The Hugo Awards Controversy Is Over: Who Won?

The Hugo Awards are perhaps the biggest honors in the world of science fiction and fantasy writing, but this year a surprising controversy erupted over the nominations and over the increasing celebration of diversity in the sci-fi/fantasy world. However, when the 2015 Hugo Award winners were revealed this weekend, it became clear that these efforts to change the course of the awards failed. Hooray!

Although women, people of color, and LGBT people have always been active in sci-fi and fantasy both as fans and as creators, until relatively recently, most of the people who have gotten recognition in both genres have been straight white men. However, that has been steadily changing, which most people are able to appreciate as a good thing.

This year, though, the community saw a lot of backlash against what they perceived as political correctness. Two groups, calling themselves the Sad Puppies and the Rabid Puppies, took objection to the changing nature of the Hugos, and sought to undo the percieved "political correctness" by nominating en mass a predetermined slate of nominees. Because the official Hugo nominees are picked based on votes from WorldCon members, and because such memberships are open to anyone for $40, the organized Sad Puppies and Rabid Puppies campaigns were able to push through many of their own nominees. Their list was made up mostly of straight white men — out of 60 proposed nominees, fewer than a dozen were women or people of color — including Rabid Puppies organizer Vox Day, whose outspoken racist and sexist views have understandably angered many. And he wasn't the only nominee with openly bigoted views.

And yet despite months of controversy, it seems that the various Puppies were ultimately unable to sway the final award selections.

The only Puppies-endorsed winner from this year's awards was the Guardians of the Galaxy film, which won for Best Dramatic Presentation — Long Form. In no other category did a Puppies nominee take home a prize. In fact, in the five categories in which the only nominees were Puppies picks — Best Novella, Best Short Story, Best Related Work, and Best Editor for Short and for Long Form — the majority of Hugo voters chose "No Award," ensuring that the honor wasn't given to anyone at all. And while many among the anti-"politically correct" crowd seem to view this as evidence that an evil cabal of "social justice warriors" is secretly controlling the awards and would rather destroy them than honor authors outside their "clique," it's difficult to take these accusations seriously.

For one thing, it's hard not to see the Puppies themselves as a clique, given that they not only nominated one of their own three main organizers, Vox Day (whose real name is Theodore Beale), for multiple awards, but also nominated five authors from Castalia House, the publishing house where Vox Day is lead editor. (They also attempted, ultimately unsuccessfully, to nominate another of their three leaders, Larry Correia.) And for another thing, the very process of voting makes it impossible for small cliques to prevail against a majority.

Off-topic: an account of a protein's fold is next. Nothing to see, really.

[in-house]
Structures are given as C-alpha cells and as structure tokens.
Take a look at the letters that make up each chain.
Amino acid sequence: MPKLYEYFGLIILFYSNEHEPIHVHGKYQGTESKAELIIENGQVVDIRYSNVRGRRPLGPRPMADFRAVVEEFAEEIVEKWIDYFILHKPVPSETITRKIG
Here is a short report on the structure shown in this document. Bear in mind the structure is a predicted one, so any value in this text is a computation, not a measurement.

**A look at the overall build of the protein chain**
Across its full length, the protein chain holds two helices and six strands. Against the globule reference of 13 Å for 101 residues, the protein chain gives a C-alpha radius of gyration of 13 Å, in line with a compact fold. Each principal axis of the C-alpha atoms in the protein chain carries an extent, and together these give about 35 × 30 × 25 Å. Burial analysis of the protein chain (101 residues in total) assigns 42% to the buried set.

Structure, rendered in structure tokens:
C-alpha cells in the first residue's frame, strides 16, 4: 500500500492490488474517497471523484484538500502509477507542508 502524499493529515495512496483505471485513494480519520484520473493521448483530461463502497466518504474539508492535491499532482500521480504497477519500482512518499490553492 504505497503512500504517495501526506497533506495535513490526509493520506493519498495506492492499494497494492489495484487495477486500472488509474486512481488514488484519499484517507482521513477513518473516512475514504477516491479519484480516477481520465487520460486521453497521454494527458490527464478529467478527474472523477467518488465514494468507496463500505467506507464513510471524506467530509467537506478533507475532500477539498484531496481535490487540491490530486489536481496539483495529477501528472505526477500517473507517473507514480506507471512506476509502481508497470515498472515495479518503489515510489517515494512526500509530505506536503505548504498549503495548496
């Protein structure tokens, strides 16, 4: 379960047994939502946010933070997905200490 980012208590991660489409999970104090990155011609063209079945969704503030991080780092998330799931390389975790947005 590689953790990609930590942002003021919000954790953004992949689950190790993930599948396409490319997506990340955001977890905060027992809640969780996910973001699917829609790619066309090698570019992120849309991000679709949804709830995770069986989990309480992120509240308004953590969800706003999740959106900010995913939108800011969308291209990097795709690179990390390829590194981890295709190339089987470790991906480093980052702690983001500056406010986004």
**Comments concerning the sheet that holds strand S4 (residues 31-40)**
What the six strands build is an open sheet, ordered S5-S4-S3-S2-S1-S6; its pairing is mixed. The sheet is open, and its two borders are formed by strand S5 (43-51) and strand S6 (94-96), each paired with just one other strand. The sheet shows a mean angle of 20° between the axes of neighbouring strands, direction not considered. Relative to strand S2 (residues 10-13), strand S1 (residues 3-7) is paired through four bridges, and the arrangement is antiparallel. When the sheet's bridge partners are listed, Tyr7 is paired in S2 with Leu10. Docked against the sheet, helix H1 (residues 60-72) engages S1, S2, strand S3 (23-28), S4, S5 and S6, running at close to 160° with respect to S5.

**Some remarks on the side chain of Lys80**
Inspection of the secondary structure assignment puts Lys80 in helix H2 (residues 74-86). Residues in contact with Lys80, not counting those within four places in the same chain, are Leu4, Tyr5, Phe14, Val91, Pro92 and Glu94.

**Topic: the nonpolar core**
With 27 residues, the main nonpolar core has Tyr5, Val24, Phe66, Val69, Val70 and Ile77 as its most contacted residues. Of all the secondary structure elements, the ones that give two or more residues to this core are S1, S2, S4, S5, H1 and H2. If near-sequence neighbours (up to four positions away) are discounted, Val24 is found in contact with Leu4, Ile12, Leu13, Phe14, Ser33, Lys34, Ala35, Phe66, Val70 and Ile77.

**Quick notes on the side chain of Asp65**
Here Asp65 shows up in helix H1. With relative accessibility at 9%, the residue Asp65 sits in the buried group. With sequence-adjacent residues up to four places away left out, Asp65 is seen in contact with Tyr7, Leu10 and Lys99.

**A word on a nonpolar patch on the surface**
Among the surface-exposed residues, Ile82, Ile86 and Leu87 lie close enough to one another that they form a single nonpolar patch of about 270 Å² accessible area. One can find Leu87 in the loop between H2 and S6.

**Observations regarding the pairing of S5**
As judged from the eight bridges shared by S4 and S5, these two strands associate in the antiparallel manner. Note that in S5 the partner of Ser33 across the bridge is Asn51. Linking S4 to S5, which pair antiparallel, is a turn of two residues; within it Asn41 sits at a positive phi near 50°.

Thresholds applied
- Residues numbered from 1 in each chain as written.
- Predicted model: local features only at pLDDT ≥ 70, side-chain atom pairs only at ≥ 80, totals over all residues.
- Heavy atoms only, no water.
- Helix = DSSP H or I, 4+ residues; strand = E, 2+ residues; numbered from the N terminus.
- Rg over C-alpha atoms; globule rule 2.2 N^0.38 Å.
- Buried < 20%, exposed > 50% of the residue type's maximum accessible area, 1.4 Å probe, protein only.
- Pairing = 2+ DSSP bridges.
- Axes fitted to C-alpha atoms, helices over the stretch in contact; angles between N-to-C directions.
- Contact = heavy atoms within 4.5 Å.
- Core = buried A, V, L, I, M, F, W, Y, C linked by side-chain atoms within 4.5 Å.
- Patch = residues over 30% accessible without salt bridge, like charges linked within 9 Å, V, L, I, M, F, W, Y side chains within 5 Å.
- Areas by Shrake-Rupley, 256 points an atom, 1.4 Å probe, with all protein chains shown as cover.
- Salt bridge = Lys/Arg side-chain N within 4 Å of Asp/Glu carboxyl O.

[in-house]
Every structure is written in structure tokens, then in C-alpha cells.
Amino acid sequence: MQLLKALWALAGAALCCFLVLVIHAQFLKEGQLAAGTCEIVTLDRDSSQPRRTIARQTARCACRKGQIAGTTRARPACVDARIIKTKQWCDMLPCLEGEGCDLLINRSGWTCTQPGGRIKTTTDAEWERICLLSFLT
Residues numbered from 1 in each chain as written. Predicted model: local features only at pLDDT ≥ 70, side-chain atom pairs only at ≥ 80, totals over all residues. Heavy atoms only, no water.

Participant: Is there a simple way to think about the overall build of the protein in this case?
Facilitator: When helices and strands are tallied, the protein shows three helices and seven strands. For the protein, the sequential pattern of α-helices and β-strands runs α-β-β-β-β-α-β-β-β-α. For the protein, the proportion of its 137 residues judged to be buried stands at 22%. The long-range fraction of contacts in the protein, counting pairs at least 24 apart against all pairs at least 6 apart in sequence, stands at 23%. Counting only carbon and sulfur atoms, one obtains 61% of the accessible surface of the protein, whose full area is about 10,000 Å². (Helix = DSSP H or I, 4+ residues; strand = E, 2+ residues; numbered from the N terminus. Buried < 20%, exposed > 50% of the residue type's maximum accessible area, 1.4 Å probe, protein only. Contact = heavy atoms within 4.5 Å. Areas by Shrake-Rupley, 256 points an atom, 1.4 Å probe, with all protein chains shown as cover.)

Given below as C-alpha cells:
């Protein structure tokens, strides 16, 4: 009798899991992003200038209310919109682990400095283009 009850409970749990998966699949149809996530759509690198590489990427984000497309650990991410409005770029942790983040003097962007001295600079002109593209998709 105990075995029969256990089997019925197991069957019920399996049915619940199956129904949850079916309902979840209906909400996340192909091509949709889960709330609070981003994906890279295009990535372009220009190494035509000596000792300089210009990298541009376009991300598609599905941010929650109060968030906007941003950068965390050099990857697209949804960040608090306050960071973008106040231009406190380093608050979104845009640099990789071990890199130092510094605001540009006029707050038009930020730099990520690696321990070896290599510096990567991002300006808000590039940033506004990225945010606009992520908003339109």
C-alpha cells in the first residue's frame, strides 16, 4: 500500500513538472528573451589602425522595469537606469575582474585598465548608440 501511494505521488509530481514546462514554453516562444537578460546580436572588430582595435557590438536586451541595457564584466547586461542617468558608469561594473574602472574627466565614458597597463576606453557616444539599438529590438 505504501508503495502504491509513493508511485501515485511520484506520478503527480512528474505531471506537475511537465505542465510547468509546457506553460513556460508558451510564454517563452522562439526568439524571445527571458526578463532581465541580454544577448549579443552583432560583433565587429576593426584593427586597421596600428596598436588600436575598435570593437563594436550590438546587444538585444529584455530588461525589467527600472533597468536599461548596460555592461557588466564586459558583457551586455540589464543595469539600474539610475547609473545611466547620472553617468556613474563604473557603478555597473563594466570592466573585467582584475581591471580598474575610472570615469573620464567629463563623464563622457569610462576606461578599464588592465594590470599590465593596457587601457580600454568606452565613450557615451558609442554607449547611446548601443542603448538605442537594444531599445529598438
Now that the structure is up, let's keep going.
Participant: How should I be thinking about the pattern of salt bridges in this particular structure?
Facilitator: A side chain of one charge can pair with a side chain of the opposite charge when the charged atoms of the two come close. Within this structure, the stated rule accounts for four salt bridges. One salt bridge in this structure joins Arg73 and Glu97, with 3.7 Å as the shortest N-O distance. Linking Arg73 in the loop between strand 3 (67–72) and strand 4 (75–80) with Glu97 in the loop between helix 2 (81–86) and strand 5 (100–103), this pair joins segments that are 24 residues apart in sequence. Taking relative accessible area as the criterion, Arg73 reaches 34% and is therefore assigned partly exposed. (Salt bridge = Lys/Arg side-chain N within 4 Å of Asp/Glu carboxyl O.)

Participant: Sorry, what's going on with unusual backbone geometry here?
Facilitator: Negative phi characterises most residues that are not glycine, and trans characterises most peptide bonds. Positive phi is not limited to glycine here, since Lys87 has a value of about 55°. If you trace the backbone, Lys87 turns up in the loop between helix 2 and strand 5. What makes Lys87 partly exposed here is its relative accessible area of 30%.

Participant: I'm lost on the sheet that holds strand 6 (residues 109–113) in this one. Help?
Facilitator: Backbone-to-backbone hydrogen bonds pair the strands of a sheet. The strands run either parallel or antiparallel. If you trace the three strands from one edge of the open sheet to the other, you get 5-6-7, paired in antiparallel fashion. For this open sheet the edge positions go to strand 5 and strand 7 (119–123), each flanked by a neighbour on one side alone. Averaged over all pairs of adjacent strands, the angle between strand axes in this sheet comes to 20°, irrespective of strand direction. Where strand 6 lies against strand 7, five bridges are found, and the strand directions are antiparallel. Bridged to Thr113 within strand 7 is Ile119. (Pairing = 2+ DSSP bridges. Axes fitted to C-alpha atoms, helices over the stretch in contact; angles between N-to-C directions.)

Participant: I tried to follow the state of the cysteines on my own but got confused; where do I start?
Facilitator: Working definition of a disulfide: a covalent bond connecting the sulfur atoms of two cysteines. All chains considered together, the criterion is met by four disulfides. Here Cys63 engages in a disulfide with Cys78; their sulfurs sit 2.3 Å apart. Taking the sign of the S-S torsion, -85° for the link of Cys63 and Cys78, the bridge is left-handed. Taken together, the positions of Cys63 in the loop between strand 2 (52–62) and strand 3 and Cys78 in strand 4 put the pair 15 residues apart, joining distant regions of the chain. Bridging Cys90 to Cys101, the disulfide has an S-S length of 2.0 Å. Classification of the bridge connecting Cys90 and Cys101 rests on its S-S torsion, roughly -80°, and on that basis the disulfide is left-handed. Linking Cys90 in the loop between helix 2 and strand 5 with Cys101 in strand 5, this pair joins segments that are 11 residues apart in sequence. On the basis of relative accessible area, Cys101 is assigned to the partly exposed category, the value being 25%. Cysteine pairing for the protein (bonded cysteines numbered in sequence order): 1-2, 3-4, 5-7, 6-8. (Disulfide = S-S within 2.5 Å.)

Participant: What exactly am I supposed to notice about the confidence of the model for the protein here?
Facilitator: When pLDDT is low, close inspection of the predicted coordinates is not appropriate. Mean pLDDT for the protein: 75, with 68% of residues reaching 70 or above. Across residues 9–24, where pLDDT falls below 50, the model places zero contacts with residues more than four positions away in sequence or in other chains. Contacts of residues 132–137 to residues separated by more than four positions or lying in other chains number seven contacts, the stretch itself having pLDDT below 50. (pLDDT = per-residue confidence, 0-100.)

In fact, despite the Puppies' protests to the contrary, this seems to have been the most democratic Hugo Awards yet. No doubt spurred by the controversy and its ensuing media attention, a record 5,950 people cast ballots, 65 percent more than have ever previously voted.

And they chose some excellent selections. Among them: G. Willow Wilson won for her Ms. Marvel comic; Orphan Black won for Best Dramatic Presentation — Short; the award for Best New Writer went to Wesley Chu; and the award for Best Novel was awarded to a translated work for the first time ever — The Three Body Problem by Cixin Liu (translated by Ken Liu).

However, that isn't to say that damage wasn't done. For one thing, by choosing a slate of nominees and encouraging people to nominate those specific works, regardless of individual preferences, in an effort to game the system, the Sad and Rabid Puppies have likely cost many authors a nomination they would have earned otherwise.

Even more alarmingly, the introduction of this kind of slate voting may have forever changed the direction of sci-fi's most prestigious award. Though it is true that other people have released lists of who they'd like to see nominated or see win an award, this type of large-scale, organized voting campaign is unprecedented in the Hugo Awards' history. Author George R.R. Martin said last month, "I think the Sad Puppies have broken the Hugo awards, and I am not sure they can ever be repaired." And he isn't the only person to worry about the future of the Hugos. Moderators are currently considering two proposals to change the awards system in order to make it more difficult for an organized group to control the results.

This also makes it clear that despite so much progress, there is still quite a ways to go before diversity is commonplace and accepted by everyone.

Objecting to diversity under the guise of "political correctness" only makes sense if you view prominence of straight, white men as the natural state of affairs. But that isn't the case. The fact that straight, white men have wielded a share of influence far greater than their share of the population for so long, in sci-fi, fantasy, and literature in general, is in and of itself an unnatural state of affairs, one that diversity advocates seek to correct by balancing out those voices with others. And it seems, however, that we still have a long way to go before that balance is accepted as natural by everyone.

Fortunately, though, the science fiction and fantasy community as a whole still seems committed to recognizing diverse voices and making the genres as varied and imaginative as they can be. And that is something to celebrate.

You can find the full list of this year's Hugo nominees and winners here.

Image: BBC America